Kevin is a multi-talented CIO, whose love for all things IT began when he joined an after-school computer club, which gave him a definite edge over his peers.
Kevin Wilson, GM for group IT services at Stefanutti Stocks, describes himself as a child of the ’80s with roots in Zimbabwe, who grew up on the ZX spectrum – the early computers.
Fortunately for him, one of the parents at his school was a computer scientist by training, and offered to train kids on a device you could program on at home. “This exposure led us to create a computer club,” he says, “where myself and my brother, and a few other classmates spent a lot of time after school playing around with these programs.”
Kevin’s brother leaned towards the software side of things, while he was more of the electronics, hardware and infrastructure person. “We were at least in standard 6 or 7 when we created our first consumer computer program,” he explains. “So, we’ve been in this world of IT for quite a while now, and I believe this gave us a massive advantage over most of our peers.”
“Unlike the computer literacy classes that are offered at schools now, where students learn how to, for instance, create a Word document, during our time, we were writing in assembler on the processor, which allowed us to work on a few incredible things. We developed a program that would balance any high school chemical equation, and this would allow you to essentially complete your chemistry class for the entire year by merely working on these programs, and this is what gave us the leapfrog advantage,” Kevin adds.
A stint in the army
After completing his matric, Kevin went off to university to study electrical engineering at Wits, but in the process was roped into the army. He later became a lieutenant and ran the army’s training camp, teaching soldiers about weapons and mortars. Kevin was also a PT instructor, and still exercises every morning, encouraging his team to do the same.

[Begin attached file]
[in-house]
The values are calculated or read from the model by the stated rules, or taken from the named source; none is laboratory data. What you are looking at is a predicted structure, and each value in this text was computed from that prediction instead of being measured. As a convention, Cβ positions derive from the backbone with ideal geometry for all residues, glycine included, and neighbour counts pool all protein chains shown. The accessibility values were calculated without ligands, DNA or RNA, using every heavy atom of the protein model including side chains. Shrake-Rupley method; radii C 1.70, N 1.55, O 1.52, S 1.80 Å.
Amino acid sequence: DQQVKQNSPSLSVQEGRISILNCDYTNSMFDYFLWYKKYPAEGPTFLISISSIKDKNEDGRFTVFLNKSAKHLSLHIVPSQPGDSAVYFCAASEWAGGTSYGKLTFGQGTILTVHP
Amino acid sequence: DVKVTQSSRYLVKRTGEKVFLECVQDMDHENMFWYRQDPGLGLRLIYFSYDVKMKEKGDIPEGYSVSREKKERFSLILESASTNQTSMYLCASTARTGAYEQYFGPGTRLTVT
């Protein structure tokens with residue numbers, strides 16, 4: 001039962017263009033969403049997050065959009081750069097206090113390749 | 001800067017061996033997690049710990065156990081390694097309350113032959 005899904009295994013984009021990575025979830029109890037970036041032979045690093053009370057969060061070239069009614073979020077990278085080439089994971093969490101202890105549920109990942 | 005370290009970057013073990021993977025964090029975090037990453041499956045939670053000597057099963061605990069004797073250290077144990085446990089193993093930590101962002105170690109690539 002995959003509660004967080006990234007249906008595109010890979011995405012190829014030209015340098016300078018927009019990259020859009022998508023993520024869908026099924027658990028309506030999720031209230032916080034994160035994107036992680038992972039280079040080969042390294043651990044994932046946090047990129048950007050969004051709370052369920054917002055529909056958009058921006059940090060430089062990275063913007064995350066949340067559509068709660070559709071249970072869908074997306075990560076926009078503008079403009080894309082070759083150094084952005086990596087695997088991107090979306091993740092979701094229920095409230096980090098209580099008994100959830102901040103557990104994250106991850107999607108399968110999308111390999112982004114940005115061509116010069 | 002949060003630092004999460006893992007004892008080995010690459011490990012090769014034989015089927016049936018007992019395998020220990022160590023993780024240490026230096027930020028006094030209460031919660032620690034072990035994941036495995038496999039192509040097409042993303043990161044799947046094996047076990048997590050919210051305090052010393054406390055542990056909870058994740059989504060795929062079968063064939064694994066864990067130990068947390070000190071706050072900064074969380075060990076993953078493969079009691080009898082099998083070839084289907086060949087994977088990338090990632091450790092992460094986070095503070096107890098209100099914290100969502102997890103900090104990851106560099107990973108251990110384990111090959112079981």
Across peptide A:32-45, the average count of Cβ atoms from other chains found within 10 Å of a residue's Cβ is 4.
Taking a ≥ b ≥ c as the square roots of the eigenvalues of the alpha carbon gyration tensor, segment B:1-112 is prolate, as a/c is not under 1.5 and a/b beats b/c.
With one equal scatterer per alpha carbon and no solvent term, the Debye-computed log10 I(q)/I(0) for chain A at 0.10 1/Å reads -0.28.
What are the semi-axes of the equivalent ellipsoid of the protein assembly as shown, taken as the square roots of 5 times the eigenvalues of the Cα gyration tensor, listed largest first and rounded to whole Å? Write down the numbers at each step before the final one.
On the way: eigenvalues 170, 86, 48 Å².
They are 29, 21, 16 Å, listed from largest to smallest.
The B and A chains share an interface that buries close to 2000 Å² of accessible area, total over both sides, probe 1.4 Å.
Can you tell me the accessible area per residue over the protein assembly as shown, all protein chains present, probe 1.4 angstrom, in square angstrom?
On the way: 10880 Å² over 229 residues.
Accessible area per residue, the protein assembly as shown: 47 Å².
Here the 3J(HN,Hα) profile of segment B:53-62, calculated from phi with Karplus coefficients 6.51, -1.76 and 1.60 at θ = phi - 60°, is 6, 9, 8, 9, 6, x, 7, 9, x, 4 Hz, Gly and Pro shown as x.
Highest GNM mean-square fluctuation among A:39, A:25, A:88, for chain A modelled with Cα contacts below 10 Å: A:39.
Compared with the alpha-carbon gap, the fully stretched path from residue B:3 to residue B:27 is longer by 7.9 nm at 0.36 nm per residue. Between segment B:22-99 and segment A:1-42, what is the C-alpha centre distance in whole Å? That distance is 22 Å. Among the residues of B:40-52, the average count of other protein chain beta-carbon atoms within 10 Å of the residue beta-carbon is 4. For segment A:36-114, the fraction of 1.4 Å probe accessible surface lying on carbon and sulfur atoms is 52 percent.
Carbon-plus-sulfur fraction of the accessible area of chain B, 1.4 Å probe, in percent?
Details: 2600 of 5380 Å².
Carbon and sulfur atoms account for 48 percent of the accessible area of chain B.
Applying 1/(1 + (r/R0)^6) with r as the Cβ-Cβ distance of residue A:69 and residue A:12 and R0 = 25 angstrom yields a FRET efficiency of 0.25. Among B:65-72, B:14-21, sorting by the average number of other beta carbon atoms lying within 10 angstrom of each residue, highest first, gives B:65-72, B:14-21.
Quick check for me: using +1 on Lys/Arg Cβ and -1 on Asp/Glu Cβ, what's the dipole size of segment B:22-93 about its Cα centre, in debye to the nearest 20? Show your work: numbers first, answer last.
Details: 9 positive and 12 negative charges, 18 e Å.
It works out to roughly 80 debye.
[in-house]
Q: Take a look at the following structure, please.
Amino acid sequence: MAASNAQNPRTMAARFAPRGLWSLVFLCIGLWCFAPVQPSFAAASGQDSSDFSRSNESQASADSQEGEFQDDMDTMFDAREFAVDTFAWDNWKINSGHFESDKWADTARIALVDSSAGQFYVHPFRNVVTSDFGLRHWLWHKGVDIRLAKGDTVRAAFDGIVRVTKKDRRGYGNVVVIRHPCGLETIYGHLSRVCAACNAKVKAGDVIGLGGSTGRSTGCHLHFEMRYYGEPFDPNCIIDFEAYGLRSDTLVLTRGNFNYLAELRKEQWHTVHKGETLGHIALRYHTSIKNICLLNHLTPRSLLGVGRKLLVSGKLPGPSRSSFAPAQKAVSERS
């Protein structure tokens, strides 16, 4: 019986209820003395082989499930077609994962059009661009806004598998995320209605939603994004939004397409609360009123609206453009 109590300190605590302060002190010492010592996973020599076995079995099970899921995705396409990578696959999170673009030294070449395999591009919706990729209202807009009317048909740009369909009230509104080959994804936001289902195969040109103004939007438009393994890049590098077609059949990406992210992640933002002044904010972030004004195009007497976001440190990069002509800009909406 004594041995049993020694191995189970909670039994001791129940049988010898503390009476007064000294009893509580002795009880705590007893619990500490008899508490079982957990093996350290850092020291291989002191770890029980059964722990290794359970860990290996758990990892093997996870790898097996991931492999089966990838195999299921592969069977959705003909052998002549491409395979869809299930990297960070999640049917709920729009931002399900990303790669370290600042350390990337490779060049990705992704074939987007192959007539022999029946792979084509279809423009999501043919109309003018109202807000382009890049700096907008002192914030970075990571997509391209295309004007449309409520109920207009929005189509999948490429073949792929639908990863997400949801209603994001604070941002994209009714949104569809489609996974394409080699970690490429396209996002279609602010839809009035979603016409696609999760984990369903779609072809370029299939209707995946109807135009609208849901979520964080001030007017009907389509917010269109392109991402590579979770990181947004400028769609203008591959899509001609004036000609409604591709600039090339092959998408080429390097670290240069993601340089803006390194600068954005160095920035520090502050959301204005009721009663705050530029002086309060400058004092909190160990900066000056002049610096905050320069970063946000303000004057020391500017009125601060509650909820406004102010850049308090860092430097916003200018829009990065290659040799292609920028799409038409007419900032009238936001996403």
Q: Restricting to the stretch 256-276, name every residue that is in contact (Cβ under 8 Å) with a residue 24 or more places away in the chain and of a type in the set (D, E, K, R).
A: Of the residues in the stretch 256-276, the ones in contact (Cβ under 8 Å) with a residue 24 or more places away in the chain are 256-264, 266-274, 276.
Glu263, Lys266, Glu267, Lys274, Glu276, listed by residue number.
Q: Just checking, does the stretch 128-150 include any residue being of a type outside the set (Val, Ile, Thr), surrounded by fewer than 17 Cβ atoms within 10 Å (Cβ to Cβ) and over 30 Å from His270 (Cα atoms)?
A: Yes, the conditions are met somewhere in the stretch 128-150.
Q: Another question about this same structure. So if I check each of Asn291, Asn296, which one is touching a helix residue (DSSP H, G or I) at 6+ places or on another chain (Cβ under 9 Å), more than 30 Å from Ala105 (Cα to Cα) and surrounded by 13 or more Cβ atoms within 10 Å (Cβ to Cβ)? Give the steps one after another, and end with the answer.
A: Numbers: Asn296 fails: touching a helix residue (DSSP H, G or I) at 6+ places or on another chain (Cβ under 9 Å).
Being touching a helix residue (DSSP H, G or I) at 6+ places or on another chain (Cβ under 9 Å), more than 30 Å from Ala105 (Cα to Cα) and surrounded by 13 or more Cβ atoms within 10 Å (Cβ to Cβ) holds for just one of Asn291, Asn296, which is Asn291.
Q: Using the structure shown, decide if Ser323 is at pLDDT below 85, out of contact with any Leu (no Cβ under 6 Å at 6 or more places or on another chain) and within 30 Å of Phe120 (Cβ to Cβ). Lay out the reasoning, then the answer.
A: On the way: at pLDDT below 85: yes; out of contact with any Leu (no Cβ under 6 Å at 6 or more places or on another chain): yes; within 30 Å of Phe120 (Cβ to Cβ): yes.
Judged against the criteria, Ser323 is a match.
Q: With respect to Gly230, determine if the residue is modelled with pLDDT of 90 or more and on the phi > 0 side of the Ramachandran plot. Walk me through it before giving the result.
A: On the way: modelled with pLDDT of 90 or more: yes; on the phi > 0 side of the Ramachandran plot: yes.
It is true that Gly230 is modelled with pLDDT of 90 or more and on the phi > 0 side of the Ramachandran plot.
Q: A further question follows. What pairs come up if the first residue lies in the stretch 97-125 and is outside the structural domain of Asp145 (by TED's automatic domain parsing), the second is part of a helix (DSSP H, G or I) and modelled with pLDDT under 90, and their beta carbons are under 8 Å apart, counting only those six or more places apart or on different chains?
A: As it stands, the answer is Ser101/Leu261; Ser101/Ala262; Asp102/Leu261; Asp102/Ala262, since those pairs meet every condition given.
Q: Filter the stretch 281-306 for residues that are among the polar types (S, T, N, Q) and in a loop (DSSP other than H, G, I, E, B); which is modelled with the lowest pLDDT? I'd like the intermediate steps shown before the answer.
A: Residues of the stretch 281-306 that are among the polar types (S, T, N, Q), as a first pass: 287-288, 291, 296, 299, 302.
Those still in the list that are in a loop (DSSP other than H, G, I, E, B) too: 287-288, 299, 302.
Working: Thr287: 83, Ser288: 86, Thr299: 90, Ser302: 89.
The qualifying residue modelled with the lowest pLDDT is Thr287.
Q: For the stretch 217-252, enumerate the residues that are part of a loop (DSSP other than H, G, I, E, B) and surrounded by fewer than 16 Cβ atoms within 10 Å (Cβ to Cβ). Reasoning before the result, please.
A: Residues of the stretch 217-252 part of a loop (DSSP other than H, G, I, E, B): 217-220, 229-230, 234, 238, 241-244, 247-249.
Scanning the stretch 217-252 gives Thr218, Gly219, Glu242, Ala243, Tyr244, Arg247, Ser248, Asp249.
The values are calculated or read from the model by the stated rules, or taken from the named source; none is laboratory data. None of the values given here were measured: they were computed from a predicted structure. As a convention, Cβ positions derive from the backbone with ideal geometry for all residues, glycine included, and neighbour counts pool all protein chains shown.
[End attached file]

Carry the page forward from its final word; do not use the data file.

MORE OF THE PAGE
“I was already working in the computer industry, and if you didn’t want to be a programmer and were forced do a BSc, the only other option you had was to study what was then called light-current electrical engineering, where somewhere down the line, you might have an opportunity to work on some computer circuits, but I wasn’t convinced that I’d be fully immersed in the computer industry taking that route.”
After Kevin left the army, he worked quite a bit for managed services companies and had the opportunity of working on mainframe peripherals, and Unix and Linux environments. “This set the tone of my career in IT, where I worked heavily around Unix and Linux solutions,” he explains.
He later acquired other skills such as software development, integration, and deployment, which Kevin Wilson is a multi-talented CIO, whose love for all things IT began when he joined an after-school computer club, which afforded him a broader view of the other disciplines. “Understanding how the code was written, looking after databases, installing networks, capturing data, made it a balanced and holistic view of IT,” he adds.
This was during his time with CS Holdings, which later became Bytes Solutions. Kevin was looking after managed services with 2,000 engineers in 32 service centres around the country. It was a large set-up that included most of the big PC and printer vendors in the industry, which all gave Kevin exposure to different technologies.
From banking to construction
Today, Kevin, more often than not, uses open source, largely due to his software and coding background. “The telephone system at Stefanutti for instance, is completely open source telephony services and is cloud-based,” Kevin explains.